Decentralized technology will become mainstream in 2014, according to the Open Garden Foundation, a San Francisco-based startup dedicated to net neutrality and internet access for everyone. Open Garden, a product of the Open Garden Foundation, provides mesh networking through an app that creates a wirelesh mesh network, enabling everyone to have faster downloads, and stronger and cheaper connectivity.

2.  Commotion Router

Commotion Router is free, open source software that allows for communities to build their own mesh networks.

3. Twister

Do you really want to trust your data to Twitter? Twister is a peer-to-peer alternative social network operating on a decentralized framework, designed in a way that prevents other users from knowing too much about your whereabouts and online habits. 

Read more: 21 Technologies That Will Decentralize the World

The politics of Israeli settlements - Another thousand acres

Binyamin Netanyahu orders the biggest land-grab in a generation

Sep 6th 2014 | From the print edition

SOME people are never grateful. On August 31st Israel’s government made its largest appropriation of occupied West Bank land in a generation. It took some 1,000 acres of virgin hills for a proposed new city, Givaot, doubling the population of the Gush Etzion block of settlements sprawling on the hills around Bethlehem.

But it was not enough for the area’s Israeli mayor, Davidi Perl. Frustrated by what he perceives as the government’s grovelling to westerners, on everything from the recently halted war in Gaza to the conduct of peace talks with Palestinians, he says he will change party—defecting from Likud, led by the prime minister, Binyamin Netanyahu, to Jewish Home, a party of religious radicals headed by Naftali Bennett.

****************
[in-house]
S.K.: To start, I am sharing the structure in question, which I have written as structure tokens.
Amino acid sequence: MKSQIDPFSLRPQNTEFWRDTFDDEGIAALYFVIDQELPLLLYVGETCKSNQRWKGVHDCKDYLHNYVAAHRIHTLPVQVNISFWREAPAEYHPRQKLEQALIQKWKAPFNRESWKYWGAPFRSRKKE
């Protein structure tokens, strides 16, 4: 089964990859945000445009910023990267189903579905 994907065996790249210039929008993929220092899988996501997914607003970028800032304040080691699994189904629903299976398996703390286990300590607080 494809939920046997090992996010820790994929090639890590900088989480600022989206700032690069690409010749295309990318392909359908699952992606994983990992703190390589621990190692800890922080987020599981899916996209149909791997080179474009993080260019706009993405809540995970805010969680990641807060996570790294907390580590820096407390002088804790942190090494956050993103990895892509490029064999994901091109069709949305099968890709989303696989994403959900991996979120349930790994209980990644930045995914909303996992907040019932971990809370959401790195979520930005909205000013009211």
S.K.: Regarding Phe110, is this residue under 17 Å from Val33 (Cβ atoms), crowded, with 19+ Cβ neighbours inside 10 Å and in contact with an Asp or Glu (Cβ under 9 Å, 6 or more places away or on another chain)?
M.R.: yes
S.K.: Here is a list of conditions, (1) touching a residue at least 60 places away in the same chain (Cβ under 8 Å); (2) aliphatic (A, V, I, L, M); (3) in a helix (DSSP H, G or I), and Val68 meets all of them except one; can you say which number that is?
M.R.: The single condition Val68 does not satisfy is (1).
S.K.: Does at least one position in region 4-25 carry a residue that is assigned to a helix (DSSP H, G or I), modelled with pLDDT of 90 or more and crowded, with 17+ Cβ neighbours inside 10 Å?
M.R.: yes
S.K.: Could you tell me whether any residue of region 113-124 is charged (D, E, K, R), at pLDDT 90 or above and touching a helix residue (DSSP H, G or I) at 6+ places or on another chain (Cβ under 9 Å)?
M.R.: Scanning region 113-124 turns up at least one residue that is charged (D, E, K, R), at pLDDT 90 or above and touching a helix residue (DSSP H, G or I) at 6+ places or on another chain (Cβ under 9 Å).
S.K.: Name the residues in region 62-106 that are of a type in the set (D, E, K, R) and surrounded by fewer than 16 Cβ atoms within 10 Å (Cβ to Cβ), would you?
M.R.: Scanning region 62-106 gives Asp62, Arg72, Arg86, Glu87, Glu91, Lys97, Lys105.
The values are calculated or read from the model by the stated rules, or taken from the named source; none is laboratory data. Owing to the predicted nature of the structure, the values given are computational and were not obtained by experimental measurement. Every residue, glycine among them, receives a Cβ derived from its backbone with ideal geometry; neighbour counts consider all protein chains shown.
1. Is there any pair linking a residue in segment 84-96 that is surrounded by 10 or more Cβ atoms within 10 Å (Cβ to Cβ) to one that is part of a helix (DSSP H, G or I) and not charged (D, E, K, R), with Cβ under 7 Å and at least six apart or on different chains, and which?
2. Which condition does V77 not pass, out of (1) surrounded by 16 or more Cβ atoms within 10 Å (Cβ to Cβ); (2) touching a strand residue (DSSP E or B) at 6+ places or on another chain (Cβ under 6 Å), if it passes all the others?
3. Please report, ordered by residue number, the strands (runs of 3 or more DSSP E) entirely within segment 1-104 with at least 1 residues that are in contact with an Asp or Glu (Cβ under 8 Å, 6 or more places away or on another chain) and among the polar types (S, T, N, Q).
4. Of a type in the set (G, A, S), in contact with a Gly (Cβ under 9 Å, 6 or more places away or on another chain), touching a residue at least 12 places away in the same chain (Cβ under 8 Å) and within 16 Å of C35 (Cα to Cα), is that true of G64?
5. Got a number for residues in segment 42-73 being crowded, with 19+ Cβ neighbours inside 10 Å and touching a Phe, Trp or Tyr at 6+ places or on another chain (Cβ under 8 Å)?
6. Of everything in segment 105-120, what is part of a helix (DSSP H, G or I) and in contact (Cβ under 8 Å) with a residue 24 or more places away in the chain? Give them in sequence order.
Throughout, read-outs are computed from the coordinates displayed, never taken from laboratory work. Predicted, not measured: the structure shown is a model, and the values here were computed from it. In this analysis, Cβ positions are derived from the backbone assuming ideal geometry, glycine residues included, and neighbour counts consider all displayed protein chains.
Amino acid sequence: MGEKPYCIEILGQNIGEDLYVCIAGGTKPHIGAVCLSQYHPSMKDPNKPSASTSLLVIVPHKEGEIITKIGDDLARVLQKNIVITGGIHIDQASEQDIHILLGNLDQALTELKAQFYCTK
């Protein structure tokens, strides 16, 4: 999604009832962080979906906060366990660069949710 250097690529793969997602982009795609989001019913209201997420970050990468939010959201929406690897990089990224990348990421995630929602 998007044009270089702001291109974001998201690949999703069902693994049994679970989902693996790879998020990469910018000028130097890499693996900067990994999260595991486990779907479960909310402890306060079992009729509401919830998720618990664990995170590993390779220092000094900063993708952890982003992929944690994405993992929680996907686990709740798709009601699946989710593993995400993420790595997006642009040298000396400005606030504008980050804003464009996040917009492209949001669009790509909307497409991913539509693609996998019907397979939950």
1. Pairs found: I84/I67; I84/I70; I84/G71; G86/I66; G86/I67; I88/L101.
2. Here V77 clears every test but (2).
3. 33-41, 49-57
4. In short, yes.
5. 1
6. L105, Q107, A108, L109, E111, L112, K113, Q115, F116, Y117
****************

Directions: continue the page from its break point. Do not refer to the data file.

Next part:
Many others are following. A poll on September 2nd showed that Mr Bennett had, in effect, replaced Mr Netanyahu as champion of the right-wing camp. Although Mr Netanyahu’s approval ratings are roughly on a level with where they stood before the 50-day war in Gaza, much of the approval comes from Israelis who vote for parties left of Likud. Challengers within his party are demanding more aggression in Gaza, where the ceasefire left no clear winners, and faster entrenchment of settlements in the West Bank, even though the settler population is growing three times faster than that of Israel proper.

During the Gaza war former loyalists like Gidon Saar, his interior minister, repeatedly denounced the ceasefire deal, which envisages a gradual easing of the blockade on Gaza. A bruised Mr Netanyahu is resorting to political outreach. He and his wife, Sara, are hosting party members in the run-up to the Jewish new year. After months of relying on statements, he is again giving televised interviews.

Read more: The politics of Israeli settlements - Another thousand acres

John Crawford supporters occupying Beavercreek police station

Group has demands after innocent man slain -- and will stay at station until police chief meets with them (UPDATE)

UPDATE, 10/8/14: On Wednesday, organizers from the Ohio Student Association met with Beavercreek police chief Dennis Evers and presented their demands: that Officer Sean Williams, who shot John Crawford, be fired or disarmed, that Ronald Ritchie, the man who called 911 and complained that Crawford was aiming a gun at Walmart customers, face consequences for his part in the shooting, and that the department would work with the community to overhaul police training and protocols on the use of lethal force. The chief refused their demands. The activists engaged in a sit-in outside of the police station, which led police to lock up early. “Police Chief Dennis Evers has decided that he would rather protect own of his own rather than protect us too,” said OSA member Alice Ragland. “It proves that we cannot rely on others to give us what we need, and instead need to build the political power it takes to protect ourselves.” No arrests occurred and the students were eventually given their belongings back from inside of the station. The students are continuing to plan a statewide convergence for October 18th.

Breaking: John Crawford supporters occupying Beavercreek police stationJohn Crawford (Credit: WDTN)

Read more: John Crawford supporters occupying Beavercreek police station